Business Balance Sheet
What it is, how it’s calculated and why it’s important to small business owners.
A Balance Sheet reflects an organization’s assets, liabilities and capital at a particular point in time. The total number of assets must equal the sum of liabilities and shareholders’ equity.
Asset: a resource that an individual, organization or country owns that has economic value and is expected to provide future benefit
Liability: a financial debt a company owes to a creditor
Shareholders’ Equity: the net difference between a company’s total liabilities and total assets
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How it is Used
The Balance Sheet helps a company understand and keep track of what they own and owe, as well as how much their shareholders have invested. It represents the status of a company’s financial health at a particular time, so it is commonly referred to as a “snapshot” of the company’s financial position. The Balance Sheet is used by banks to decide if a company is qualified for additional credit or loans. It is also used by current investors, potential investors, competition, government agencies and many others.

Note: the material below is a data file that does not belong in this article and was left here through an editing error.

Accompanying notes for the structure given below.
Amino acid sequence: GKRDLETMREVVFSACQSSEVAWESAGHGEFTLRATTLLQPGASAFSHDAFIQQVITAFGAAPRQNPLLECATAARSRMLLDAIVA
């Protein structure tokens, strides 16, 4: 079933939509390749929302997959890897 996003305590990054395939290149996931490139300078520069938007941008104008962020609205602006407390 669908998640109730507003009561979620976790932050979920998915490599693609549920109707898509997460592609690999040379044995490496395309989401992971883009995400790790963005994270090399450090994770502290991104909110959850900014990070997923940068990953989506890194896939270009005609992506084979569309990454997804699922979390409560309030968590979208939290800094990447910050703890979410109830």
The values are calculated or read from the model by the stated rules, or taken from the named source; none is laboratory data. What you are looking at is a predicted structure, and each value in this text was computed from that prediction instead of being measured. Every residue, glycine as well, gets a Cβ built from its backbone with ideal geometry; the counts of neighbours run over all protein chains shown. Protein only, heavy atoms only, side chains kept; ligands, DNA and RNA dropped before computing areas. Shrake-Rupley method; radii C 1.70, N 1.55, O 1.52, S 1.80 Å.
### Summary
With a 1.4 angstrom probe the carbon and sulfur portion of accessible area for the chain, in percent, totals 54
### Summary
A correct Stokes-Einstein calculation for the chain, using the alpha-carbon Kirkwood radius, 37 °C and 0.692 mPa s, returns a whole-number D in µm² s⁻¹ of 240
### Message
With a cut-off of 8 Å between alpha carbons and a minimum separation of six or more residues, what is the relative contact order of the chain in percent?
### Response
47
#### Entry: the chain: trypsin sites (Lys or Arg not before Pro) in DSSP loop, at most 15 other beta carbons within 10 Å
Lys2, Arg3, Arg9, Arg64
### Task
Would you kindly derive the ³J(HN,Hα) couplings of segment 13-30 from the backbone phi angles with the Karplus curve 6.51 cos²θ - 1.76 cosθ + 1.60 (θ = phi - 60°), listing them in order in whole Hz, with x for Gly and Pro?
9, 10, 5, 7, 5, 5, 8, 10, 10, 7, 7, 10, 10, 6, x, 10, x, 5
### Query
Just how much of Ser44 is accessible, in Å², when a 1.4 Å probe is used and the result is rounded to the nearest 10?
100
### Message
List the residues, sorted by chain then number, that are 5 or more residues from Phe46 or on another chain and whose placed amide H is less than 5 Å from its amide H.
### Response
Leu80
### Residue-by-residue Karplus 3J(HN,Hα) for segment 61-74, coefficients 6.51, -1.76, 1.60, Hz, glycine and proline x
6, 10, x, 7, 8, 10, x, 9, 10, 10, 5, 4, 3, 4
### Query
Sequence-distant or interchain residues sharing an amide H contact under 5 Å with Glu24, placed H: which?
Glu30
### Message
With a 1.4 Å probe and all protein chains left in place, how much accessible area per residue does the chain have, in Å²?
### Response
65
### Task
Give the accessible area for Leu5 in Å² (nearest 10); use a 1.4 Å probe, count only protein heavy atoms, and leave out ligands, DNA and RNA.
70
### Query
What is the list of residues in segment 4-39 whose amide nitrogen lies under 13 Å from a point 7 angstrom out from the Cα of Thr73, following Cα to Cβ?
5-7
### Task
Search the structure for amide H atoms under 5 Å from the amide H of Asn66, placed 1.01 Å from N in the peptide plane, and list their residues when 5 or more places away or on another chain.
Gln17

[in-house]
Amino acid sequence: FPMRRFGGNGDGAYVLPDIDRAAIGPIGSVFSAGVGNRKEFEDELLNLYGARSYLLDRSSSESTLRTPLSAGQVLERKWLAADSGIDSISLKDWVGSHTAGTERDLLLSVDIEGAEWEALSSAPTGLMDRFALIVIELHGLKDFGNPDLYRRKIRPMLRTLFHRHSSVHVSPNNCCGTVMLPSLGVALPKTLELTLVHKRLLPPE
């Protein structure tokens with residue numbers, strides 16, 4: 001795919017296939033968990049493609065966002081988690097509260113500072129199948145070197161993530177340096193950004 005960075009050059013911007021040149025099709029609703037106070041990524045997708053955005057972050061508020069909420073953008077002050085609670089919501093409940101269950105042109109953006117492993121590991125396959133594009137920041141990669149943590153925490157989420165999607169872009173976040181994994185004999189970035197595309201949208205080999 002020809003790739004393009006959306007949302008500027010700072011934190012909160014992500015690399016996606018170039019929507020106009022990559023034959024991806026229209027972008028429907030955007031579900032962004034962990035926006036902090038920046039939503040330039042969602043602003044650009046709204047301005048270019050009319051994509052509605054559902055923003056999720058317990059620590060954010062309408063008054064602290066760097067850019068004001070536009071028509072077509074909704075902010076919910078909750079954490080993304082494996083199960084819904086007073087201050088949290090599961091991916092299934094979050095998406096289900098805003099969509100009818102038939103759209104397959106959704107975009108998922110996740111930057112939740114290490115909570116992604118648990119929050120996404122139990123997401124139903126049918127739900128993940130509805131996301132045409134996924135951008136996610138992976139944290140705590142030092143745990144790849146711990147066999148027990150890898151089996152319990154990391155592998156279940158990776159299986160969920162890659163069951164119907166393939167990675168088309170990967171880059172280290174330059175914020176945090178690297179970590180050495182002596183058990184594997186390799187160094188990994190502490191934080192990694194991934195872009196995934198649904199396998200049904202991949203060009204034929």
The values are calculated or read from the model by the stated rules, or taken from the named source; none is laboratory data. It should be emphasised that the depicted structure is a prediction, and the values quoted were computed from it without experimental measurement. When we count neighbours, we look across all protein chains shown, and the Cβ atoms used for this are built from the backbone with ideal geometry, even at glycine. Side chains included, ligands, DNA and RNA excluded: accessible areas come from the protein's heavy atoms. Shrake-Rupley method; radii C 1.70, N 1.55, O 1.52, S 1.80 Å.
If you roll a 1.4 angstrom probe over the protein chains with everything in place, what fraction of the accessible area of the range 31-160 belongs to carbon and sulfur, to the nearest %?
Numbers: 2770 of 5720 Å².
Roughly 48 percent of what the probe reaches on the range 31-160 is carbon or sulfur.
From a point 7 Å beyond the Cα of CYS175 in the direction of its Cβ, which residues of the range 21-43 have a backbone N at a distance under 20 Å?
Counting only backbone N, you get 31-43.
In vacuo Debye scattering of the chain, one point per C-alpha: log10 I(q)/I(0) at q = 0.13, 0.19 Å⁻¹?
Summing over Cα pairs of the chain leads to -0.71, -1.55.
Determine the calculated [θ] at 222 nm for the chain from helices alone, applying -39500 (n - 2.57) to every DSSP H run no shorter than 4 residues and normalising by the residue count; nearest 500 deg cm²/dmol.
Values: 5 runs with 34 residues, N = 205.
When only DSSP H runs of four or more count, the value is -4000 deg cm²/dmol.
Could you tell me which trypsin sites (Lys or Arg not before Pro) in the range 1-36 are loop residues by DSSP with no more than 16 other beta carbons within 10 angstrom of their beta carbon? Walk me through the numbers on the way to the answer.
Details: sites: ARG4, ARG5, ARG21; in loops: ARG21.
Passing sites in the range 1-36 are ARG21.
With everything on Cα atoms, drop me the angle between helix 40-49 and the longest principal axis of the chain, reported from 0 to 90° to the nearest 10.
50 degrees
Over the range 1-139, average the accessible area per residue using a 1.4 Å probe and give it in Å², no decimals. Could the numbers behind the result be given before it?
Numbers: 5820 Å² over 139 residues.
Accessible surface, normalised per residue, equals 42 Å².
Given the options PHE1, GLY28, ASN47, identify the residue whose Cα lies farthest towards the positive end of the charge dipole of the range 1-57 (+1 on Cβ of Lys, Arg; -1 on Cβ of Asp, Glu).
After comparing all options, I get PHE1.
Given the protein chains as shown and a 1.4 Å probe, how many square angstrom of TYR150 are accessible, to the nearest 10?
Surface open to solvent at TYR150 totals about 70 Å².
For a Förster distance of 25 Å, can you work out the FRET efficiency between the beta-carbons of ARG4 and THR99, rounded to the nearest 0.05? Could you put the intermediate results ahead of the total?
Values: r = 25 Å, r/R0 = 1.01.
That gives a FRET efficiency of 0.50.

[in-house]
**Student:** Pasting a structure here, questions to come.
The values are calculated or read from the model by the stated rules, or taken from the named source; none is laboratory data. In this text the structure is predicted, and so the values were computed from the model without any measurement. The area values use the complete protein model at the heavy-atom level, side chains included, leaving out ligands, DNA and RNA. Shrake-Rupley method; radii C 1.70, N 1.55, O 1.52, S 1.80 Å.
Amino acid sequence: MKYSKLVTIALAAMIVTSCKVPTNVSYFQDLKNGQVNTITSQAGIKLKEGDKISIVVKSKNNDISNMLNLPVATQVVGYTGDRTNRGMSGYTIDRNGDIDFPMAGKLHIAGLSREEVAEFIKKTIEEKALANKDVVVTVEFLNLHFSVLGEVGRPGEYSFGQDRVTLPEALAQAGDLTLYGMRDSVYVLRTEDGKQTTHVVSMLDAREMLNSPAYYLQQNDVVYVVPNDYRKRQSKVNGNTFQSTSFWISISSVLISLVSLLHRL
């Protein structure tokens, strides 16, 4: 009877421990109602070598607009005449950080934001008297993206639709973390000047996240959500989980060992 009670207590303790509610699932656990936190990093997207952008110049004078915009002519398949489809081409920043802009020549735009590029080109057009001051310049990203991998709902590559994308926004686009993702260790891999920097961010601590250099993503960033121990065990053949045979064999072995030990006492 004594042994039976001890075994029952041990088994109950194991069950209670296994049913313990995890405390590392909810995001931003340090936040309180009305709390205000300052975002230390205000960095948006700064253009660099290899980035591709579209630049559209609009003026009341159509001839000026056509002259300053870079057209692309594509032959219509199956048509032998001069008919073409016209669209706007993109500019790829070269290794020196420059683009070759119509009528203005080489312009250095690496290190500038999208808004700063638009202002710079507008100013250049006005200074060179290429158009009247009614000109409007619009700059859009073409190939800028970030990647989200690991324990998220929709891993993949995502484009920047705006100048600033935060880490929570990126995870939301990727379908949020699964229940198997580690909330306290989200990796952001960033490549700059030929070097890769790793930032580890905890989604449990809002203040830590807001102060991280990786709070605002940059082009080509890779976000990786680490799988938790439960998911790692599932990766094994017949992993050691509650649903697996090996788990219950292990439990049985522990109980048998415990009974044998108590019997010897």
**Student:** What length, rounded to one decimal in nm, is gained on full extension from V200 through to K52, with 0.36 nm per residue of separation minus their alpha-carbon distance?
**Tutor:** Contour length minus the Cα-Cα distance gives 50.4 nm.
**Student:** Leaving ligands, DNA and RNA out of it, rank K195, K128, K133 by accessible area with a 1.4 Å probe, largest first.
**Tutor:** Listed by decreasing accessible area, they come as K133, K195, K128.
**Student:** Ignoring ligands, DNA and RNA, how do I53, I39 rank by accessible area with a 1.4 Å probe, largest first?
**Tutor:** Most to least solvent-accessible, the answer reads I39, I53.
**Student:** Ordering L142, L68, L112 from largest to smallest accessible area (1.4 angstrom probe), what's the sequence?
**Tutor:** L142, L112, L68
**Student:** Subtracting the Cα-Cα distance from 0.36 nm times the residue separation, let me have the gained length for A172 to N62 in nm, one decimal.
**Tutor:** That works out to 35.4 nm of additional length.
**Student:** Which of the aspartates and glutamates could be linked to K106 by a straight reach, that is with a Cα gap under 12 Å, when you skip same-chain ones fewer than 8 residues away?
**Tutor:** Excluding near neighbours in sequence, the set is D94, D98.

The Balance Sheet, Income Statement, Statement of Retained Earnings and Cash Flow Statement are all interrelated. These four financial statements are prepared in the following order: Income Statement, Statement of Retained Earnings, Balance Sheet, Cash Flow Statement. These four statements make up the cornerstone of a company’s financial statements and help provide insight into a company.
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